Mauritania passed a law to abolish slavery only in 1981. It is one of the last countries to do so.
Despite the legislation against slavery, there still exists around 90,000 slaves in Mauritania according to 2003 estimates.
Mauritania is one of the poorest countries in the world, with 40% of its population below poverty line.
Aside from Madagascar, Mauritania is the only other country that does not use a decimal currency.
One of the longest trains in the world is found in Mauritania. It measures almost three kilometers long.
If you look at Mauritania from space, you can see a clear bullseye-like image called the Eye of Africa. Nobody knows yet for sure what created this gigantic ground sculpture.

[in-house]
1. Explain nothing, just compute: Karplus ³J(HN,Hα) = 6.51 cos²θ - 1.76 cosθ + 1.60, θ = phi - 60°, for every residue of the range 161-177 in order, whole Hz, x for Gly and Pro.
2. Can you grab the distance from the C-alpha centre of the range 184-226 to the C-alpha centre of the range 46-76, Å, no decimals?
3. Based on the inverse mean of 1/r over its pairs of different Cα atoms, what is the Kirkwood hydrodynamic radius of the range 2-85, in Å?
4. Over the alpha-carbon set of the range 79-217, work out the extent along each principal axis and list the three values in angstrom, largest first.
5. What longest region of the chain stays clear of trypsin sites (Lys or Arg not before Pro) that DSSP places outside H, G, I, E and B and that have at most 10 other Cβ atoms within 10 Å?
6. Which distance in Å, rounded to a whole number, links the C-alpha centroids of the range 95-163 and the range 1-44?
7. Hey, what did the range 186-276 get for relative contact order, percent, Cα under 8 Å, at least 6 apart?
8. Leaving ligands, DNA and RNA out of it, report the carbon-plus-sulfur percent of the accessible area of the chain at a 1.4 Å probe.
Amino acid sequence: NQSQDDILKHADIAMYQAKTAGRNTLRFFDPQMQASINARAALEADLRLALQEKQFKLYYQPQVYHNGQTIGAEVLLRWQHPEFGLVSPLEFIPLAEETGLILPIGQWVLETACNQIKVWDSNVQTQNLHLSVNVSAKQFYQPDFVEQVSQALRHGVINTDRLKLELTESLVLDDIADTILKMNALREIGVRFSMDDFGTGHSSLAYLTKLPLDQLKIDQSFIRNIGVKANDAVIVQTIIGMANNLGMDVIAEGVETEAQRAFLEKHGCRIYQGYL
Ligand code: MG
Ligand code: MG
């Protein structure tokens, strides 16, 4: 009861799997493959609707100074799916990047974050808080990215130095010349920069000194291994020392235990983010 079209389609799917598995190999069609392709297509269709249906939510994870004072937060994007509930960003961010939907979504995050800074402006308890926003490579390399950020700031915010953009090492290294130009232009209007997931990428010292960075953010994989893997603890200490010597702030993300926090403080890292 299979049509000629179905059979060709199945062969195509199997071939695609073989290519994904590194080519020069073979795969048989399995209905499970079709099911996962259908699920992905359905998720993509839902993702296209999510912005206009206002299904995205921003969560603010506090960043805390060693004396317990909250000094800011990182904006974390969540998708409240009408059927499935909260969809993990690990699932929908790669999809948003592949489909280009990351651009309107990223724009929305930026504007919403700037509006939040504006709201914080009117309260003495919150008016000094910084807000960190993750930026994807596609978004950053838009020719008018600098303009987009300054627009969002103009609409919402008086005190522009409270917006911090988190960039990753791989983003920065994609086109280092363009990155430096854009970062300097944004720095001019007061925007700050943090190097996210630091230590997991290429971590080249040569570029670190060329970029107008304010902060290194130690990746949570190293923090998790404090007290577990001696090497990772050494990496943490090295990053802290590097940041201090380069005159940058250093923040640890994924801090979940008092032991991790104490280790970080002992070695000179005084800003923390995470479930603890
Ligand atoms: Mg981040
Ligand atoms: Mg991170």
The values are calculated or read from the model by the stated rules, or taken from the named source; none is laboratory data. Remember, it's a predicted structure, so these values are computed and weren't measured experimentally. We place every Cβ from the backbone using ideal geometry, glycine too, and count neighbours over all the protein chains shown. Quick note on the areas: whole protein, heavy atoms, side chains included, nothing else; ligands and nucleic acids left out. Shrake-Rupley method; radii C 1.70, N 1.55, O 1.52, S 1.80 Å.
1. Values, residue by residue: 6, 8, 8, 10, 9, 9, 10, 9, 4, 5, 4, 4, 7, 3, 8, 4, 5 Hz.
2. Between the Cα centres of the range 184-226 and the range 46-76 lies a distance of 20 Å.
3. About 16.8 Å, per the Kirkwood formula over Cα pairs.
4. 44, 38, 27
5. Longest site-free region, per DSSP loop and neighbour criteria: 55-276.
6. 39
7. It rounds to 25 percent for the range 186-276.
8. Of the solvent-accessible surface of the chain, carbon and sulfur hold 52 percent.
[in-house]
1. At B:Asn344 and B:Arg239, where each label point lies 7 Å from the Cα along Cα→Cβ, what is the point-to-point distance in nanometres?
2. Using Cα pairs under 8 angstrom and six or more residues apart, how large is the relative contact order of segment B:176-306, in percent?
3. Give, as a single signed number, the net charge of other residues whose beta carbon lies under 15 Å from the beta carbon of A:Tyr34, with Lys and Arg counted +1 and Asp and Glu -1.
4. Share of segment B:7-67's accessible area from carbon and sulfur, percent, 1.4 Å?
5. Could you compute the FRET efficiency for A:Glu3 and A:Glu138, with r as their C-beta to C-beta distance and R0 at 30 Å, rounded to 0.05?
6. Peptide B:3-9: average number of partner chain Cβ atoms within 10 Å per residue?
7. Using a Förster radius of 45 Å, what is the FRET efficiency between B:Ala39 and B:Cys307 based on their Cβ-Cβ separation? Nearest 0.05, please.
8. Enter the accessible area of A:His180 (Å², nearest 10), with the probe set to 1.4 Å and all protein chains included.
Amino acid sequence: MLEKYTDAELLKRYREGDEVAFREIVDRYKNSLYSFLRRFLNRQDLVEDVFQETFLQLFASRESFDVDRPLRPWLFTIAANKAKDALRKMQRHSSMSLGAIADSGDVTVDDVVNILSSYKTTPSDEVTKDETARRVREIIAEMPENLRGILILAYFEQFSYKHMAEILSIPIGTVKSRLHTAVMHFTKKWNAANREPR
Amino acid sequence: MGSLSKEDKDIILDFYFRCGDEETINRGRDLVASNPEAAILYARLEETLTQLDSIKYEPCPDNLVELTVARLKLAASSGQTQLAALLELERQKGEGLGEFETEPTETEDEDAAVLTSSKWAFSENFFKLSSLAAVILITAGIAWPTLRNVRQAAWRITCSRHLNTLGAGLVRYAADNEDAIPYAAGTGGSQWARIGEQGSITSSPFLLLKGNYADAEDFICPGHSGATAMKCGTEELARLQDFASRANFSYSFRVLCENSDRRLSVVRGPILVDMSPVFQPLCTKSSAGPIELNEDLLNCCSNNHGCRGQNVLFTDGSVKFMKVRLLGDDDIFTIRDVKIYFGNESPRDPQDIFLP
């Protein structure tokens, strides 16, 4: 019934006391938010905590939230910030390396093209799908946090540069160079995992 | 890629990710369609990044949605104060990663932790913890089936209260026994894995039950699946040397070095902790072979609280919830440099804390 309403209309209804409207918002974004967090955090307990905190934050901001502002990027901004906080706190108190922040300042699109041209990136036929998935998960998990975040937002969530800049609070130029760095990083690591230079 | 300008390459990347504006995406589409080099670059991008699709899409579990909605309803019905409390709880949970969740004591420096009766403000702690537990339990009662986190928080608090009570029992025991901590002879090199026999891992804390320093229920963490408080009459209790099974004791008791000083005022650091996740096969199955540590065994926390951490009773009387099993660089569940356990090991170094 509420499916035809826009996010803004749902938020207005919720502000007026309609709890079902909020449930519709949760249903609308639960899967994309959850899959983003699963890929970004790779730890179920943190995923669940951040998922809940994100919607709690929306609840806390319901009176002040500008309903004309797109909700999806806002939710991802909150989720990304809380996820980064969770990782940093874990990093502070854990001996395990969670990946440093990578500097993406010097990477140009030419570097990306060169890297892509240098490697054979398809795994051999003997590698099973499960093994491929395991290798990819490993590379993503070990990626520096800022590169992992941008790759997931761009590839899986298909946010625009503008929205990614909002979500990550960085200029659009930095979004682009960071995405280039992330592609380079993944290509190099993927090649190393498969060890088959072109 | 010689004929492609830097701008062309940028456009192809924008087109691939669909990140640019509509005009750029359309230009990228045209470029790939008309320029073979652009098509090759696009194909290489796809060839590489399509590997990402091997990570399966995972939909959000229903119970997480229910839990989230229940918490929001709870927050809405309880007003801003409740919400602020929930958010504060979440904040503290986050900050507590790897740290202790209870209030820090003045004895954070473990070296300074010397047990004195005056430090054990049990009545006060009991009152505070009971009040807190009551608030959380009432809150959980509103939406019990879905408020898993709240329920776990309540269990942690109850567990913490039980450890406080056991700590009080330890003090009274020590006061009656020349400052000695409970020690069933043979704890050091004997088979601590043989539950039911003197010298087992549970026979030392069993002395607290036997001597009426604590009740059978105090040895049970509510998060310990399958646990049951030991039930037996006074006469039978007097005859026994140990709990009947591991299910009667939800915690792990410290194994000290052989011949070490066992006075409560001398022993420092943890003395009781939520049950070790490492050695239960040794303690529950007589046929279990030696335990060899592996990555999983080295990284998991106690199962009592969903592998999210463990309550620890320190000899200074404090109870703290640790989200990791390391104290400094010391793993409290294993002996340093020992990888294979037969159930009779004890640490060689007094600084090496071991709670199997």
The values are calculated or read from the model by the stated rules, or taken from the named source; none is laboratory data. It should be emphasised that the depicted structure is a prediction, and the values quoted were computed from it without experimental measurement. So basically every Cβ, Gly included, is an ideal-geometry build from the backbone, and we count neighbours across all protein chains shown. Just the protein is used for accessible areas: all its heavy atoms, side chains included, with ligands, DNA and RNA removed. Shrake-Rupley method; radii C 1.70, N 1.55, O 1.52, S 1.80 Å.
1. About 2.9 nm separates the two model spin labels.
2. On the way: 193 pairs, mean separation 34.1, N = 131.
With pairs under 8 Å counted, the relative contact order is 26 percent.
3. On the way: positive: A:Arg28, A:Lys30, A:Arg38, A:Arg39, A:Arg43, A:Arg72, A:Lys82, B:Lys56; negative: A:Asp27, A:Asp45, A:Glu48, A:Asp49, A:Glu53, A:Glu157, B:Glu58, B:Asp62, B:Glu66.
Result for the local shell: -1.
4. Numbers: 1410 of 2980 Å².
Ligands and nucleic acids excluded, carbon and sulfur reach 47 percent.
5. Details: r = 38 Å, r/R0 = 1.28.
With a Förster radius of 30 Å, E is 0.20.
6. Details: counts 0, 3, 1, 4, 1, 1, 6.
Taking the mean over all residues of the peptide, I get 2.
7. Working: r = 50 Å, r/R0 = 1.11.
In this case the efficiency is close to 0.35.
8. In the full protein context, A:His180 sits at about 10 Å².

Two-thirds of Mauritania is covered by desert, which expands southward every year.
Nouahchott, which means “place of the winds,” was designated as the country’s capital only in 1960 and is therefore one of the world’s newest capitals.
Offshore oil was discovered in Mauritania in 2001.
Mauritania’s tallest mountain, the 915-meter-tall Mount Ijill, is made almost entirely of hematite (iron ore).
Capital City: Nouakchott is the capital and largest city of Mauritania. It is one of the largest cities in the Sahara. The city is the administrative and economic centre of Mauritania.
Religion: Islam is by far the largest and most influential religion in the country, and has been since the 10th century. According to government census, 100% of the country’s citizens are Muslim. Like much of North Africa, Mauritanians follow the Maliki school of Islam.